Posted on
April 20, 2024

Thinking more like an economist

We hear a lot about trying to “think like a scientist” as we develop a growth mindset and learn how to navigate uncertainty. But I’m starting to think we might be better off trying to “think like an economist.”

Establishing a laboratory-like setting, testing a null hypothesis, controlling for variables, crunching the data… those core capabilities of science still feel a little “over-the-top” for most of corporate strategy and product development. Creating a control group? Randomized tests? Conceptually, sure. But in reality, not so much.

But there are a group of professionals out there who have learned to answer questions in a complex space in which they have little direct control. A space where it’s less about physics and more about human behavior. Less physical nature, more human nature. And it affects our happiness, so it’s not trivial.

So maybe we should observe how economists approach their work?

The “dismal science” of economics has been forced to build models and explore hypotheses under complex and uncertain conditions since its birth. Economists operate within robust decision architectures that help them build and test beliefs about behaviors and trends in the complex domains, like the world economy.

What’s really interesting is how transparent much of their work is.

This week, I read a weekly newsletter from economist (and Nobel-prize winner) Paul Krugman that delivered a master-class in good decision architecture. Now, granted, he’s more of an observer/pundit/analyst/advisor than decision-maker for this, but still, I found myself thinking that if we could bring this mindset to our corporate settings, it would go a long way towards improving our organizational decision making capabilities.

His newsletter, titled “Stumbling into Goldilocks”, provided an updated analysis of the current state of the US economy, tracking the efforts of the Fed as it aims to fight inflation while avoiding a recession. For a couple years now, economists (including Krugman) have been very vocal about their (competing) hypotheses on the best course of action. This post was Krugman’s check-in on the debate, and an assessment of what could be learned about beliefs and past decisions from new evidence.

What follows is a breakdown of what I observed in Krugman’s analysis, and a discussion of how we could aim to do something similar in our organizational contexts.

In the article, I saw several behaviors worth emulating. Let’s take a closer look at what he was doing:

  1. Explore alternative metrics to better seek truth

“Stumbling into Goldilocks”, Paul Krugman.

Metrics derive from models, and all models are wrong but sometimes useful. So it’s important to keep an open mind to additional metrics that can paint a richer picture of the fuzzy, emergent truth.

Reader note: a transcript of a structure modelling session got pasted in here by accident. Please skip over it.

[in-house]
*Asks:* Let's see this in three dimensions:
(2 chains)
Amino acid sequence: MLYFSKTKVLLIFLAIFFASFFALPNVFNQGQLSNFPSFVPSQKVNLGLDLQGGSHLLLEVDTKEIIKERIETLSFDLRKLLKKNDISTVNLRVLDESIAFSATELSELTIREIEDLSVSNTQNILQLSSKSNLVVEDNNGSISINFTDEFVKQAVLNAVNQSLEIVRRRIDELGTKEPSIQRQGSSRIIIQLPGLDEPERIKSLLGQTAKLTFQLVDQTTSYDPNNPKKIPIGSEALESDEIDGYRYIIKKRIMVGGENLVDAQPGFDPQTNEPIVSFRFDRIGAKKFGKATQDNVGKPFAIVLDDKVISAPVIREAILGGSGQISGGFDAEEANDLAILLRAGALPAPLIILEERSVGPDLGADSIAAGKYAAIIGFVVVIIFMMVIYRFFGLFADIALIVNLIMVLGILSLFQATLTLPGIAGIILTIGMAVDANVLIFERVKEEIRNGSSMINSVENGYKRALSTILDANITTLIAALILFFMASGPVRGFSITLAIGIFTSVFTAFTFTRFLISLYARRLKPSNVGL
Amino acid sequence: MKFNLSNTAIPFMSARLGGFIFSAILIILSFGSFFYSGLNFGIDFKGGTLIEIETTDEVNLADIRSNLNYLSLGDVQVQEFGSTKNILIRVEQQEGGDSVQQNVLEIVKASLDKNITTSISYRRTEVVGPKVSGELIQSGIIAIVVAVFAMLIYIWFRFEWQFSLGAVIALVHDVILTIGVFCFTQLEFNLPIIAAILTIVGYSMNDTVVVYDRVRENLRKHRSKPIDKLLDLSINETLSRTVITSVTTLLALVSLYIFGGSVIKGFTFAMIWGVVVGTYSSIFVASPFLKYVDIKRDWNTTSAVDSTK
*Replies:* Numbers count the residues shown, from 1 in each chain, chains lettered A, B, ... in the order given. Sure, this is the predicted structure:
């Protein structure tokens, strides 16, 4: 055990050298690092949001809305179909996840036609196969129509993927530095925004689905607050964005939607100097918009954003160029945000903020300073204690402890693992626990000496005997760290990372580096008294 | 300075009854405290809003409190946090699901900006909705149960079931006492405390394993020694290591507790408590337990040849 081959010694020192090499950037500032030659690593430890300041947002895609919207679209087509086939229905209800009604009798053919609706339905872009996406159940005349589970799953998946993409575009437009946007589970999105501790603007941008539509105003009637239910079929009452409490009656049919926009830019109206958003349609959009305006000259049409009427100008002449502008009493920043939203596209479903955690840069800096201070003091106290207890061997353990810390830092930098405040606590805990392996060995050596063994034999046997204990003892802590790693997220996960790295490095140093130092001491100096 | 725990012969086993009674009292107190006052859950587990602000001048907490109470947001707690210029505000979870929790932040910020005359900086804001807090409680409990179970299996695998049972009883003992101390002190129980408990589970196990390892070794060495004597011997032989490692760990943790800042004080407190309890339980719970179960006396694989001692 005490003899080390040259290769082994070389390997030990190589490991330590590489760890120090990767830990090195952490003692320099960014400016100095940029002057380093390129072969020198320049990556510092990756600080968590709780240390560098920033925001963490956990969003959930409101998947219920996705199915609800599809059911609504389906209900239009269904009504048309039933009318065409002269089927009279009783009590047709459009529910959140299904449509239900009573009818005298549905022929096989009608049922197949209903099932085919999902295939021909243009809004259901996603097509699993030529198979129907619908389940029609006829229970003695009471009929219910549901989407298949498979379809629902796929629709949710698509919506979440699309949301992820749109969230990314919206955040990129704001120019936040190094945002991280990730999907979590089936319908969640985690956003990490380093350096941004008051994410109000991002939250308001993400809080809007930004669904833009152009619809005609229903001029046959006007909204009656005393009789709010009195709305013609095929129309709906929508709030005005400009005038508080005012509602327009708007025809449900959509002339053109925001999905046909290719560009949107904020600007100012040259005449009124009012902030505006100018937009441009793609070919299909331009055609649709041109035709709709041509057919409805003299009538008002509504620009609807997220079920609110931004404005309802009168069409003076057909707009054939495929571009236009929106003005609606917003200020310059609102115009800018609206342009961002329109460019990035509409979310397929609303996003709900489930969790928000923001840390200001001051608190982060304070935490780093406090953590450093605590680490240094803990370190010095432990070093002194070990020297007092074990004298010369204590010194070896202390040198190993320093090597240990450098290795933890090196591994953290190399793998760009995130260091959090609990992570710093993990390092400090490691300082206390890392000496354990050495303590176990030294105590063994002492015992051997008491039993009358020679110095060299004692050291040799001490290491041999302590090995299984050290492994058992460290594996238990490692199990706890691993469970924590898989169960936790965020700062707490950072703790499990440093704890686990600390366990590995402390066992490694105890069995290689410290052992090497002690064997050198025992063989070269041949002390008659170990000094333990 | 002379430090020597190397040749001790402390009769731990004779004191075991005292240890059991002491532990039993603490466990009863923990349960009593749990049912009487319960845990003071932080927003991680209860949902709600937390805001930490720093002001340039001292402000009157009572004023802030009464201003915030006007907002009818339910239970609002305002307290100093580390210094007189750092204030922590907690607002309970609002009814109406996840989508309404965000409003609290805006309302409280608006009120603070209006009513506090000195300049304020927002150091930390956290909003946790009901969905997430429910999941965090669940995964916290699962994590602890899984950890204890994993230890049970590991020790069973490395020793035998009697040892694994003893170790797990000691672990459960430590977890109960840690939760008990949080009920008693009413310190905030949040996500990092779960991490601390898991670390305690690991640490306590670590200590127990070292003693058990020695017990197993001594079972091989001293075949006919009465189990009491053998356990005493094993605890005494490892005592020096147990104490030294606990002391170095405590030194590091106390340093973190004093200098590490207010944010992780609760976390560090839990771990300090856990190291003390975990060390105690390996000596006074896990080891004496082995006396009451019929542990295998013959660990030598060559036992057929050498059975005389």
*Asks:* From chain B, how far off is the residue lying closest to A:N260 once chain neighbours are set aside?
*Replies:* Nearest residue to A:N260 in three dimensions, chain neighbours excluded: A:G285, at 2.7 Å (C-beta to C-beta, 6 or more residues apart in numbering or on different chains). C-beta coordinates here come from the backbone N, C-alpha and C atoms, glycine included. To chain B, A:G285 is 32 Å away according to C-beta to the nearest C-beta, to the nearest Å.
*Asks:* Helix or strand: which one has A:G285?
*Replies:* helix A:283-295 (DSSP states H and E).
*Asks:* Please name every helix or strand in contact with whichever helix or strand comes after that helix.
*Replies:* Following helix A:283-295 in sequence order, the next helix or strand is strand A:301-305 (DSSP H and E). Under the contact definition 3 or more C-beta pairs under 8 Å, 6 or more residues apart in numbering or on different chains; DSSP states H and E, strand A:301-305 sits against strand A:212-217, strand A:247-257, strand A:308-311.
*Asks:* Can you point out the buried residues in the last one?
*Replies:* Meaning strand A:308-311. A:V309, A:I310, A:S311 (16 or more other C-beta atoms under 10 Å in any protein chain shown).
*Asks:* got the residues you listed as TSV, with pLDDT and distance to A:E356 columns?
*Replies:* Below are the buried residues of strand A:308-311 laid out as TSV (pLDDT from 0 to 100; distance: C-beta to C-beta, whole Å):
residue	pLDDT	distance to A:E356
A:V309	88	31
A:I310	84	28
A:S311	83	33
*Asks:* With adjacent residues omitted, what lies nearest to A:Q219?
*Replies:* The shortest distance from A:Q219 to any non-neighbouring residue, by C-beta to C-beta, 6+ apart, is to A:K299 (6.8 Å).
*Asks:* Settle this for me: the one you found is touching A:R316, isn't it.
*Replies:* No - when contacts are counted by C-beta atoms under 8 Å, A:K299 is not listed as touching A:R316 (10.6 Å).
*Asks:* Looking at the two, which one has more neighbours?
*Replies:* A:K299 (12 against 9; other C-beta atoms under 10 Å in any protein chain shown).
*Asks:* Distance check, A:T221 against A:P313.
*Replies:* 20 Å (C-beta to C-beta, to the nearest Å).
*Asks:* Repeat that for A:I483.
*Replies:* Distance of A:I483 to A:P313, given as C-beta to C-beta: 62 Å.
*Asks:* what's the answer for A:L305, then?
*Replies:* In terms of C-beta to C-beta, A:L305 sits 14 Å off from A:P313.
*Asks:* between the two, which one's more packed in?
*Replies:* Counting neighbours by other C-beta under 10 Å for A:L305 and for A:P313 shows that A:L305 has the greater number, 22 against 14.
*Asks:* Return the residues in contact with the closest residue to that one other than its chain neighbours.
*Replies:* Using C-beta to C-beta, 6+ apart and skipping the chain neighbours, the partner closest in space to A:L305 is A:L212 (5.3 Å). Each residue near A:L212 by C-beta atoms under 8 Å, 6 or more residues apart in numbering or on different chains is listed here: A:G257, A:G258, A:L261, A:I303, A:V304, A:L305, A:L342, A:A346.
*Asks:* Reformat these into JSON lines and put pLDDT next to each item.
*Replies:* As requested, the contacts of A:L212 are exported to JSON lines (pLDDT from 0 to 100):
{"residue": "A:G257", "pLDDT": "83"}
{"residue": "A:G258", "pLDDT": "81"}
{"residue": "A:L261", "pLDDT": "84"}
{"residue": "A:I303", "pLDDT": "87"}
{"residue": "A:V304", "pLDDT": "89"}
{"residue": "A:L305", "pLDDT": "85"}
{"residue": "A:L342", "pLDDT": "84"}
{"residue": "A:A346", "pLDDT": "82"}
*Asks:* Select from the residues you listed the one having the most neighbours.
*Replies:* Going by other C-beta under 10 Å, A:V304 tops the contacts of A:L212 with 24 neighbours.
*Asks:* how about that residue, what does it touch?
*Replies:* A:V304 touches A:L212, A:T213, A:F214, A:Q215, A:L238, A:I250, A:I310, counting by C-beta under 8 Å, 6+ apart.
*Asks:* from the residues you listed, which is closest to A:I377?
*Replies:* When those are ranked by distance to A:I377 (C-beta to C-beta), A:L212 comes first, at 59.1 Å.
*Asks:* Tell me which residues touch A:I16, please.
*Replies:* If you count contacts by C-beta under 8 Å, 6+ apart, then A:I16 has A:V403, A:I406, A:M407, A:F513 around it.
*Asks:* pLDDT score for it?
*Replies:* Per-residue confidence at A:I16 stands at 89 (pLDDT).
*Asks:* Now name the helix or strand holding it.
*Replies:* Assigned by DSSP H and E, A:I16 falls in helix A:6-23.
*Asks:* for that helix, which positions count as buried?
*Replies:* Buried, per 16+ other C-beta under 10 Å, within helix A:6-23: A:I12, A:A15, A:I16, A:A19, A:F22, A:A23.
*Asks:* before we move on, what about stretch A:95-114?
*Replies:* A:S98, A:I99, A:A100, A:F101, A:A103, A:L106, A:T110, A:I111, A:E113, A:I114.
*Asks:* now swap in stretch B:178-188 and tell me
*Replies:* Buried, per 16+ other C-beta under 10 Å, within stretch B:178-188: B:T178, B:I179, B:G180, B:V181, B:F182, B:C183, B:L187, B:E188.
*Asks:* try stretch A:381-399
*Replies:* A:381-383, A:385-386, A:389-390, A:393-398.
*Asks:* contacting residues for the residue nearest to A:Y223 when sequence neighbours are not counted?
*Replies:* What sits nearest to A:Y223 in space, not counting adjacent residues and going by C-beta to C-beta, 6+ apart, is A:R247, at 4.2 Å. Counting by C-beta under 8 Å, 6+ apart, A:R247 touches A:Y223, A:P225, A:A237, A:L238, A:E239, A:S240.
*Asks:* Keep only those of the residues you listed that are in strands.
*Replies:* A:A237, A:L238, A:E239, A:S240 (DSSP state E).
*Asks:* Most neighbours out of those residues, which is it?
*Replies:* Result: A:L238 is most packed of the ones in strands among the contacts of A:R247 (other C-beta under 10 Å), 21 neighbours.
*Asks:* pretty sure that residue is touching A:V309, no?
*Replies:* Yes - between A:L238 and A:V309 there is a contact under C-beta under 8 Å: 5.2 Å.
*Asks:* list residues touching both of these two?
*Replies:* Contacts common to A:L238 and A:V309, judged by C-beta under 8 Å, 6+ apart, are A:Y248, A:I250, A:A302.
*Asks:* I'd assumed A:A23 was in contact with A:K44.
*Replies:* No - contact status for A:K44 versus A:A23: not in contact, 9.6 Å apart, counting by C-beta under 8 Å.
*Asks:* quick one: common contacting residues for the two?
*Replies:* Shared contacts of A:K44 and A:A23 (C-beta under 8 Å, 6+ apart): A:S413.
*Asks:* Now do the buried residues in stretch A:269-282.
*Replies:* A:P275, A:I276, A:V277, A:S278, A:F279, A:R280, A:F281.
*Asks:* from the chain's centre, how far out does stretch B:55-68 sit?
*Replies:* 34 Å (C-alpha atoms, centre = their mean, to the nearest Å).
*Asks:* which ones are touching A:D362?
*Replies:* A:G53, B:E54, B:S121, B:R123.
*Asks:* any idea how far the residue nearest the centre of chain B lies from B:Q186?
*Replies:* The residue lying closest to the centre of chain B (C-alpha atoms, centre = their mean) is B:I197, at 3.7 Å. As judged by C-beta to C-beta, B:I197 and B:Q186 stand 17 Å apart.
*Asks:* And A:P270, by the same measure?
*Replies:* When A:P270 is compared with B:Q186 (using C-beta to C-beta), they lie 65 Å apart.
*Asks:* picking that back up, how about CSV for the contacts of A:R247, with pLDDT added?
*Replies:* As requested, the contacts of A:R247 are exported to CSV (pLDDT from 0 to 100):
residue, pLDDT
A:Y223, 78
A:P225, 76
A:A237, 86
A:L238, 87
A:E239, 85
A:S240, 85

In this case, Krugman is questioning the standard metric, and using a comparison of two metrics to assess which one offers a better model of the true context. No one metric can tell the whole story, and we see weaknesses in our defined measures the more we use them. This isn’t a flaw, it’s a benefit of learning.

  1. Ask “Were the decisions good? or lucky?”

“Stumbling into Goldilocks”, Paul Krugman.

You couldn’t ask for a better example of “outcome fielding”. Here, Krugman is acknowledging that the decisions led to a desired outcome (i.e. bringing inflation down, without triggering a recession), but still he wonders… is there a clear causality here? Were the hypotheses behind the decisions and actions validated? Or did we just get lucky with the outcome? This is the main question that frames the article.

Even better, he presents his evaluation as “my take”... just an opinion, not fact. When you field an outcome, you’re just making a second bet (to paraphrase Annie Duke) on whether your decision actually caused (or contributed to) the result. It’s just another bet, with another set of uncertainty.

  1. Revise a causal theory, with hindsight

“Stumbling into Goldilocks”, Paul Krugman.

To revisit the decision quality, we should remind ourselves of the information that we had available at the time the decision was made (hint: it was incomplete). We should also build (or revise) our story of causal connections to include events that played out after the decision.

Here, Krugman gives his interpretation of causes and effects that produced the inflationary conditions, which is critical to discuss, if we want to assess whether the decision accurately modeled the context, conditions, and domain.

At the time of the decision, with incomplete information, they were all guessing. With hindsight, we can build a better narrative of causality (with new facts) and answer the question: “If I knew then, what I know now, would I make the same decision again?”